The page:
Haplotype Combinations of Calpain 10 Gene Polymorphisms Associate With Increased Risk of Impaired Glucose Tolerance and Type 2 Diabetes in South Indians

  1. Paul G. Cassell1,
  2. Alan E. Jackson1,
  3. Bernard V. North2,
  4. Julie C. Evans3,
  5. Denise Syndercombe-Court4,
  6. Chris Phillips4,
  7. Ambady Ramachandran5,
  8. Chamukuttan Snehalatha5,
  9. Susan V. Gelding1,
  10. Shanti Vijayaravaghan1,
  11. David Curtis2 and
  12. Graham A. Hitman1
  1. 1Department of Diabetes and Metabolic Medicine, Barts and the London Queen Mary’s School of Medicine and Dentistry, University of London, London
  2. 2Joint Academic Department of Psychological Medicine, Barts and the London Queen Mary’s School of Medicine and Dentistry, University of London, London
  3. 3Department of Diabetes and Vascular Medicine, School of Postgraduate Medicine and Health Sciences, University of Exeter, Exeter
  4. 4Department of Haematology, Barts and the London Queen Mary’s School of Medicine and Dentistry, University of London, London
  5. 5Diabetes Research Centre, Chennai, India

    Abstract

    Haplotype combination 112/121 and its intrinsic variants (UCSNP43, -19, and -63) identified within the calpain 10 gene are associated with increased risk of type 2 diabetes in Mexican-Americans. We evaluated whether this haplotype combination and its constituent haplotypes and variants contribute to increased susceptibility to impaired fasting glucose (IFG)/impaired glucose tolerance (IGT) and type 2 diabetes in a South Indian population. Two study groups were used: 95 families ascertained through a proband with type 2 diabetes and 468 subjects recruited as part of an urban survey (69.1% with normal glucose tolerance, 12.8% with IFG/IGT, and 18.2% with type 2 diabetes). The four-locus haplotype combination 1112/1121 (UCSNP44, -43, -19, and -63) in South Indians conferred both a 10.7-fold increased risk for IFG/IGT (P = 0.001) and a 5.78- to 6.52-fold increased risk for type 2 diabetes in the two study groups (families P = 0.025, urban survey P = 0.015). A combination of the 1112 haplotype with the 1221 haplotype also appeared to increase risk for both IFG/IGT and type 2 diabetes. Contrary to what might be expected, quantitative trait analysis in the families found that transmission of the disease-related 1121 and 1112 haplotypes was associated with a reduced hip size and lower waist-to-hip ratio, respectively. This study supports the paradigm that specific haplotype combinations of calpain 10 variants increase risk of both IFG/IGT and type 2 diabetes. However, the relative infrequency of the “at-risk” combinations in the South Indian population suggests that calpain 10 is not a common determinant of susceptibility to type 2 diabetes.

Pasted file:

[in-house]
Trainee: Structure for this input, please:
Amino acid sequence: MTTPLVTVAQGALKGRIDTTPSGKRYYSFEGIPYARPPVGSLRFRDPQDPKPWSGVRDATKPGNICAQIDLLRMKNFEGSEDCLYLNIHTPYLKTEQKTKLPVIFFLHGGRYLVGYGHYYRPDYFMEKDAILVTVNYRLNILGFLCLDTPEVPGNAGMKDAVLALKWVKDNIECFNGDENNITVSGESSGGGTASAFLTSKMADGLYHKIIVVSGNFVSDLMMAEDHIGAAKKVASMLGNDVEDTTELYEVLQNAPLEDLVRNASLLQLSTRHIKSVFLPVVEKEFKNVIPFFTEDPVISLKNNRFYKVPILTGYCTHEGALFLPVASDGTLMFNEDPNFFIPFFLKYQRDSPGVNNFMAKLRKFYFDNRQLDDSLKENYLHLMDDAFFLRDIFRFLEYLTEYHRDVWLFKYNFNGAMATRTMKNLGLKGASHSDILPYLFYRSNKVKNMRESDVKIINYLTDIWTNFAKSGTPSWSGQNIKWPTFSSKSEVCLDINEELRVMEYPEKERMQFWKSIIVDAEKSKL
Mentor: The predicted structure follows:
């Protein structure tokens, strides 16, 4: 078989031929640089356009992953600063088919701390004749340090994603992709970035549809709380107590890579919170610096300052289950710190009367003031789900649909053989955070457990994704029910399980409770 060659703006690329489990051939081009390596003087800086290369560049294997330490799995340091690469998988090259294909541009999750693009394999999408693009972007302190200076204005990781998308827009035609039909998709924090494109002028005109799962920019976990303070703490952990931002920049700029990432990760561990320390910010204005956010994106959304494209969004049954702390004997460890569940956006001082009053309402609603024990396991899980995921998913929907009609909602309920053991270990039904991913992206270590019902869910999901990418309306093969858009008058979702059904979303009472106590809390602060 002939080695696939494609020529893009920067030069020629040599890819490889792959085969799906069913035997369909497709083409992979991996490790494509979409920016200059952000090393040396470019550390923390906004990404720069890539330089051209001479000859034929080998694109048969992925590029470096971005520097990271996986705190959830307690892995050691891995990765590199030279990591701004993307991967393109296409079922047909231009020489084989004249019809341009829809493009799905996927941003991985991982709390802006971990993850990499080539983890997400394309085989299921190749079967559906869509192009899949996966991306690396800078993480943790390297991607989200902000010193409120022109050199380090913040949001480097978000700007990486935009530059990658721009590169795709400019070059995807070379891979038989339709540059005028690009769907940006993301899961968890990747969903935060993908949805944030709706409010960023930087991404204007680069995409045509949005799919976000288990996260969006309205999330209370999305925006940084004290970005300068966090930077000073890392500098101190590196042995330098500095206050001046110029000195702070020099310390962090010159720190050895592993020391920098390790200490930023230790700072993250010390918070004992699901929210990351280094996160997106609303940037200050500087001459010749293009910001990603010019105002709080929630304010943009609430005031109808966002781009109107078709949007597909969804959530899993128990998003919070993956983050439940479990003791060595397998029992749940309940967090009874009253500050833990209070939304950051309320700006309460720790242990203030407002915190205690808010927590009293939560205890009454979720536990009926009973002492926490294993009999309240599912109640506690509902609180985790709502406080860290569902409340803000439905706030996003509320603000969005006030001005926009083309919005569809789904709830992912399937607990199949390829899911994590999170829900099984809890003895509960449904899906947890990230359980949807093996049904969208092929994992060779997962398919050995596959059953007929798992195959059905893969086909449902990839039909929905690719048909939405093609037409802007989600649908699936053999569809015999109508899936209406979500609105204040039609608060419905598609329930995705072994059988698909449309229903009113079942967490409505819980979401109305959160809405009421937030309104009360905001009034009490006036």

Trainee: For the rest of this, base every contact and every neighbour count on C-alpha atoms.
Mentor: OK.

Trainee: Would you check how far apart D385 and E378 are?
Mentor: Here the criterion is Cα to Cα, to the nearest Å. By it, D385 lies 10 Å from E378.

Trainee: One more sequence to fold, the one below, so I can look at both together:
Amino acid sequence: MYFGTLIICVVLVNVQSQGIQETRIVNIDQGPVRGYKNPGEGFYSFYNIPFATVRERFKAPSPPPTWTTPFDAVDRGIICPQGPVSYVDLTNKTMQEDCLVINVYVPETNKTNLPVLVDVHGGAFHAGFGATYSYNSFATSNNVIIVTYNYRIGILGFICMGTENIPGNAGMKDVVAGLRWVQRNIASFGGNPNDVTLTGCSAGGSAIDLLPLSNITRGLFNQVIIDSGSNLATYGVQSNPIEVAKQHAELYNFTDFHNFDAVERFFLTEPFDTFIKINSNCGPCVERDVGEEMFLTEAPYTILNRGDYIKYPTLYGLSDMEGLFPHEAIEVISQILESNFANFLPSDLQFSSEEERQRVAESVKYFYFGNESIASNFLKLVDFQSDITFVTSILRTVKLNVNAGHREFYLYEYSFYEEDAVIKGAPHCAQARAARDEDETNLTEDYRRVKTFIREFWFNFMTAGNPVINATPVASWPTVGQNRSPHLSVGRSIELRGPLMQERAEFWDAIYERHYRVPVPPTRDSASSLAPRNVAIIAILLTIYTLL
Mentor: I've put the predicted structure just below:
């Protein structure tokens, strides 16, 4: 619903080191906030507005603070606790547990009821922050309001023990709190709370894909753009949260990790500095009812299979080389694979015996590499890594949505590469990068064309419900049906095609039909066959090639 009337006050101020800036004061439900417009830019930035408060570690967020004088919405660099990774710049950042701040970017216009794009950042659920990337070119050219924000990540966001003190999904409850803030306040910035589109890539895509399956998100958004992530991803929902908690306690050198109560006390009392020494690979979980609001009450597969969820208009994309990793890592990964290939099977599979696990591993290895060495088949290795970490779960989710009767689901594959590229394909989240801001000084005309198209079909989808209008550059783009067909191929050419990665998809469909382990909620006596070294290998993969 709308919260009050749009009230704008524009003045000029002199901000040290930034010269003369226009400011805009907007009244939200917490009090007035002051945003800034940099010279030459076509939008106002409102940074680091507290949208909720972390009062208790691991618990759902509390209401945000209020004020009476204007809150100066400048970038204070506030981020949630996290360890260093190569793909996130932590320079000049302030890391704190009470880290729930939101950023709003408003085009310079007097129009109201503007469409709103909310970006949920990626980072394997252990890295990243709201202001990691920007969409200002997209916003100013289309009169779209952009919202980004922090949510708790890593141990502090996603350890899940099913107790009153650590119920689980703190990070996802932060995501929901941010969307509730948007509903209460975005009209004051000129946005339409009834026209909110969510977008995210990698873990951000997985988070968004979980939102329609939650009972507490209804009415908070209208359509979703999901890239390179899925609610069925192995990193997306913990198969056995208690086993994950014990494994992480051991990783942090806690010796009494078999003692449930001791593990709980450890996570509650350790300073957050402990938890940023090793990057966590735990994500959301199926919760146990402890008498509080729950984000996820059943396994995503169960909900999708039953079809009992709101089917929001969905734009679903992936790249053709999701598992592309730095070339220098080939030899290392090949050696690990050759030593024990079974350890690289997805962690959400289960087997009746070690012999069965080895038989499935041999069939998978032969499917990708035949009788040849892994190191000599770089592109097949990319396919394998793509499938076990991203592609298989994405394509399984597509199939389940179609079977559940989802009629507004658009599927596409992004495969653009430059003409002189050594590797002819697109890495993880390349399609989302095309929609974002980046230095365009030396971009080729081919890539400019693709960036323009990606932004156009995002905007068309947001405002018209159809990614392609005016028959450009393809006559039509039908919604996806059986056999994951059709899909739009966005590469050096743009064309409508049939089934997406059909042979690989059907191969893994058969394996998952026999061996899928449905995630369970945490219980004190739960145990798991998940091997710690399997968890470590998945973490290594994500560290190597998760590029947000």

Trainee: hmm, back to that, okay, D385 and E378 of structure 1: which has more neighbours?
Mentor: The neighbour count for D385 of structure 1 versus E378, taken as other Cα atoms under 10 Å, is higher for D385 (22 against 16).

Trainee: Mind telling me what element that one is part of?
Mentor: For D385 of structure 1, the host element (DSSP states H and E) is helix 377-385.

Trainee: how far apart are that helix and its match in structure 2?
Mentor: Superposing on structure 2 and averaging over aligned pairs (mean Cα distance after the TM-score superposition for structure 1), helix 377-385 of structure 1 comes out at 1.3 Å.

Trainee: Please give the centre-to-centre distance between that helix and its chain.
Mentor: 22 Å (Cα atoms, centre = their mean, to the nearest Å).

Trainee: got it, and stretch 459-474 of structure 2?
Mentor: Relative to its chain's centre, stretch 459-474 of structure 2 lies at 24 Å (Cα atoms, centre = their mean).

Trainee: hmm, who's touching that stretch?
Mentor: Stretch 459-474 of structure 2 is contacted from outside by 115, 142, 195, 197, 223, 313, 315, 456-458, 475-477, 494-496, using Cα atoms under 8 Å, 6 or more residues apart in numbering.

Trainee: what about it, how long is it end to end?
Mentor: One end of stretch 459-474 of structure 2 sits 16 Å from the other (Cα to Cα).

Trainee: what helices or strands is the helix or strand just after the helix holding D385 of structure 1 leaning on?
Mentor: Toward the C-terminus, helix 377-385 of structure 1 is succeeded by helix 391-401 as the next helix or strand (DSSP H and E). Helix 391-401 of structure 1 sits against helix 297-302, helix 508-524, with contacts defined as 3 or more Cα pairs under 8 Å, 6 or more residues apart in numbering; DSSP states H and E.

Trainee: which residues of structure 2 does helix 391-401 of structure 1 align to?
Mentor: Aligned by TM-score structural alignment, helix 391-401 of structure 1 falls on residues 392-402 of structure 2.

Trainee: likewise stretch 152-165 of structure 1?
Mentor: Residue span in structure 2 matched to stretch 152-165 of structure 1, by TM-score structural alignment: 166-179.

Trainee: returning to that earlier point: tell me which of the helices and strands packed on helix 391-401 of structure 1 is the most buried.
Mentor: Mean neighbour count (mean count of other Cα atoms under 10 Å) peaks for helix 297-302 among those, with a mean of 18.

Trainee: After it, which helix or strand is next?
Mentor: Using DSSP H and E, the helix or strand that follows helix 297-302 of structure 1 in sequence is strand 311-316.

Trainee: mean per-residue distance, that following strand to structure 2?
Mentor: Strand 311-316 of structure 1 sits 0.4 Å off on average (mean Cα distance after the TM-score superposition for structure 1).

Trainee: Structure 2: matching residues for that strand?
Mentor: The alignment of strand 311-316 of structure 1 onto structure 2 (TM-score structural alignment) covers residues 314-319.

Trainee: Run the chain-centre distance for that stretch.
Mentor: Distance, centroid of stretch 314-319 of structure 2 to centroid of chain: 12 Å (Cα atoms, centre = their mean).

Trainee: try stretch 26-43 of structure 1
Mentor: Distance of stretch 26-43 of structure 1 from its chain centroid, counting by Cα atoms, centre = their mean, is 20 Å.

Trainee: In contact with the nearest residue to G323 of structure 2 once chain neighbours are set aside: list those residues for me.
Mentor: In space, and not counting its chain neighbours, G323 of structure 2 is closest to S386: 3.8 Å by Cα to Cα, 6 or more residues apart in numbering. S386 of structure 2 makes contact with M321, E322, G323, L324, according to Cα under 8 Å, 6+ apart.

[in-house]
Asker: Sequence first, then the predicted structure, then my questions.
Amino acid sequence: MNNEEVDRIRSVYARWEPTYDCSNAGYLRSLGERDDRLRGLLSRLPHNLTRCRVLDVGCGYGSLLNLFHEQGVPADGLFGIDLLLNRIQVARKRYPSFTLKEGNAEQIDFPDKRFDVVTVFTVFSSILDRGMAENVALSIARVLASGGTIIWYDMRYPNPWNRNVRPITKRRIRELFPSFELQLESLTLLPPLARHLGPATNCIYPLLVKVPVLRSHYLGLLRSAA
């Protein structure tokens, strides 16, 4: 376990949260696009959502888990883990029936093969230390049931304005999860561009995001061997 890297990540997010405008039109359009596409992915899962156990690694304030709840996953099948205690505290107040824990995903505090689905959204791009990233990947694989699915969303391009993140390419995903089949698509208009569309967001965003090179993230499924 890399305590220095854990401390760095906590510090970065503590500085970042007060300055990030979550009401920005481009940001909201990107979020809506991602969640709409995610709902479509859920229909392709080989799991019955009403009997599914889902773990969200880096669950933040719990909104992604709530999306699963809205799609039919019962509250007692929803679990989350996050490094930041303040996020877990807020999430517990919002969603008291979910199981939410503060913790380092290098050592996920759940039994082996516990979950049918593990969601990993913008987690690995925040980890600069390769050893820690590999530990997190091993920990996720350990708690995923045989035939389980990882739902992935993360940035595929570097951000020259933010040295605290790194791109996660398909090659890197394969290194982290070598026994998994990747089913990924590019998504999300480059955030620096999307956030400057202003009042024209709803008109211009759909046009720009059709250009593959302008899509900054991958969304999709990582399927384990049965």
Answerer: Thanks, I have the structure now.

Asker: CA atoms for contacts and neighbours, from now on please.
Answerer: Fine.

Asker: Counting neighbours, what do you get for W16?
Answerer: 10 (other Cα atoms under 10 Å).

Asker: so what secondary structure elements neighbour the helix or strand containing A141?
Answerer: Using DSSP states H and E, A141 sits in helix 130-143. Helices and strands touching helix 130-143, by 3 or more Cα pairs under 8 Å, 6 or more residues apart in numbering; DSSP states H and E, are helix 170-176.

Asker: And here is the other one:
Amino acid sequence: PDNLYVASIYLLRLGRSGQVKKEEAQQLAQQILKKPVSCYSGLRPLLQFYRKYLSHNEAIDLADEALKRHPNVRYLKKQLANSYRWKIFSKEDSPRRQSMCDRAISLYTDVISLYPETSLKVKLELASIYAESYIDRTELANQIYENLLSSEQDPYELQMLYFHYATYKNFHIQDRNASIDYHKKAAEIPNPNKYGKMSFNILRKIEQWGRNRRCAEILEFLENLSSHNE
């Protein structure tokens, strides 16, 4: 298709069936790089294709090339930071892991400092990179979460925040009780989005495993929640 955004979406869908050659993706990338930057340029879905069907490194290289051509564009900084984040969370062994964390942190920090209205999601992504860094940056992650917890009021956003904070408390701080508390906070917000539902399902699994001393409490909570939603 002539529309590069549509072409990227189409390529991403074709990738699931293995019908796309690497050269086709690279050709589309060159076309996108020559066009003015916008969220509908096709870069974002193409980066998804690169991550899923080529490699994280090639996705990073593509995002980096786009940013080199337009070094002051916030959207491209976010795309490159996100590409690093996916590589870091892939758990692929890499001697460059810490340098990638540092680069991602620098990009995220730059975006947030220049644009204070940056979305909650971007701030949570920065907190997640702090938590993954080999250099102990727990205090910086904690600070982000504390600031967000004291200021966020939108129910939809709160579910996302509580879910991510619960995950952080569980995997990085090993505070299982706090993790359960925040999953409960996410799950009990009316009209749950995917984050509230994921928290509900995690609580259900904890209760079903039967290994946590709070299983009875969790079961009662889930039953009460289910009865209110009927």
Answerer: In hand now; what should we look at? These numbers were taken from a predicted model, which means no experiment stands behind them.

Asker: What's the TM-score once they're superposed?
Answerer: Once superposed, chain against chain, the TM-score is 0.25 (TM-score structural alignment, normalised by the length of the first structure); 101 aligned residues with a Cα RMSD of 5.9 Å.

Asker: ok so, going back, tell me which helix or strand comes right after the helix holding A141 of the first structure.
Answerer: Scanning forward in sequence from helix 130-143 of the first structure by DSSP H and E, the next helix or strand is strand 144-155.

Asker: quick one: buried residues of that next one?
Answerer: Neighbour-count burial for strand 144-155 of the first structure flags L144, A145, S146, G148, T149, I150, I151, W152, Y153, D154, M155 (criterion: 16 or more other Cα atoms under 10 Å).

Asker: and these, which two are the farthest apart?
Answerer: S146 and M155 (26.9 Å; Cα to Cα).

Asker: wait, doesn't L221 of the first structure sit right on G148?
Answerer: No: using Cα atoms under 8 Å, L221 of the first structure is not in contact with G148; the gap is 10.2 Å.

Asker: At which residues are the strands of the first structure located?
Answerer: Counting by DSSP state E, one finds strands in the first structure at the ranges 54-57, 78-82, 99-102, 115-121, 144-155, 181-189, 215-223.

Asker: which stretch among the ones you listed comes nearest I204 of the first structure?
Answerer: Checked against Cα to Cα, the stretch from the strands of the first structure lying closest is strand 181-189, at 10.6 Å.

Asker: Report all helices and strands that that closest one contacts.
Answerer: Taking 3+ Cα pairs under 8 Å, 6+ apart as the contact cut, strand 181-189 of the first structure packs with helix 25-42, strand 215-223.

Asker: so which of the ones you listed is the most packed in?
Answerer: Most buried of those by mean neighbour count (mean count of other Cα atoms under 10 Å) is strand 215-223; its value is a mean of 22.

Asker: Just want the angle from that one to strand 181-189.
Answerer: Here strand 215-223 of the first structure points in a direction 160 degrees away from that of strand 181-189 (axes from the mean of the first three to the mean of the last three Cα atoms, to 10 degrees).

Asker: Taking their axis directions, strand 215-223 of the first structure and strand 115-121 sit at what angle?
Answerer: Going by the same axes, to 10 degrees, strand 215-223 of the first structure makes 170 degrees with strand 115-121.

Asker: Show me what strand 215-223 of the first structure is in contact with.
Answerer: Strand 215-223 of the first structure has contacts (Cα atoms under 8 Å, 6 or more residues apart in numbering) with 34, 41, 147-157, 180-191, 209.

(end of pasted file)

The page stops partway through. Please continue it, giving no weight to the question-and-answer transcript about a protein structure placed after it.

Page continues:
Footnotes

    • Address correspondence and reprint requests to Professor Graham A. Hitman, Department of Diabetes and Metabolic Medicine, the Royal London Hospital, Whitechapel Road, London E1 1BB, U.K. E-mail: g.a.hitman{at}mds.qmw.ac.uk.

      Received for publication 18 June 2001 and accepted in revised form 6 February 2002.

      Additional information for this article can be found in an online appendix at http://diabetes.diabetesjournals.org.

      IFG, impaired fasting glucose; IGT, impaired glucose tolerance; LD, linkage disequilibrium; OHA, oral hypoglycemic agent; OR, odds ratio; SNP, single-nucleotide polymorphism; TDT, transmission disequilibrium test; WHO, World Health Organization; WHR, waist-to-hip ratio.

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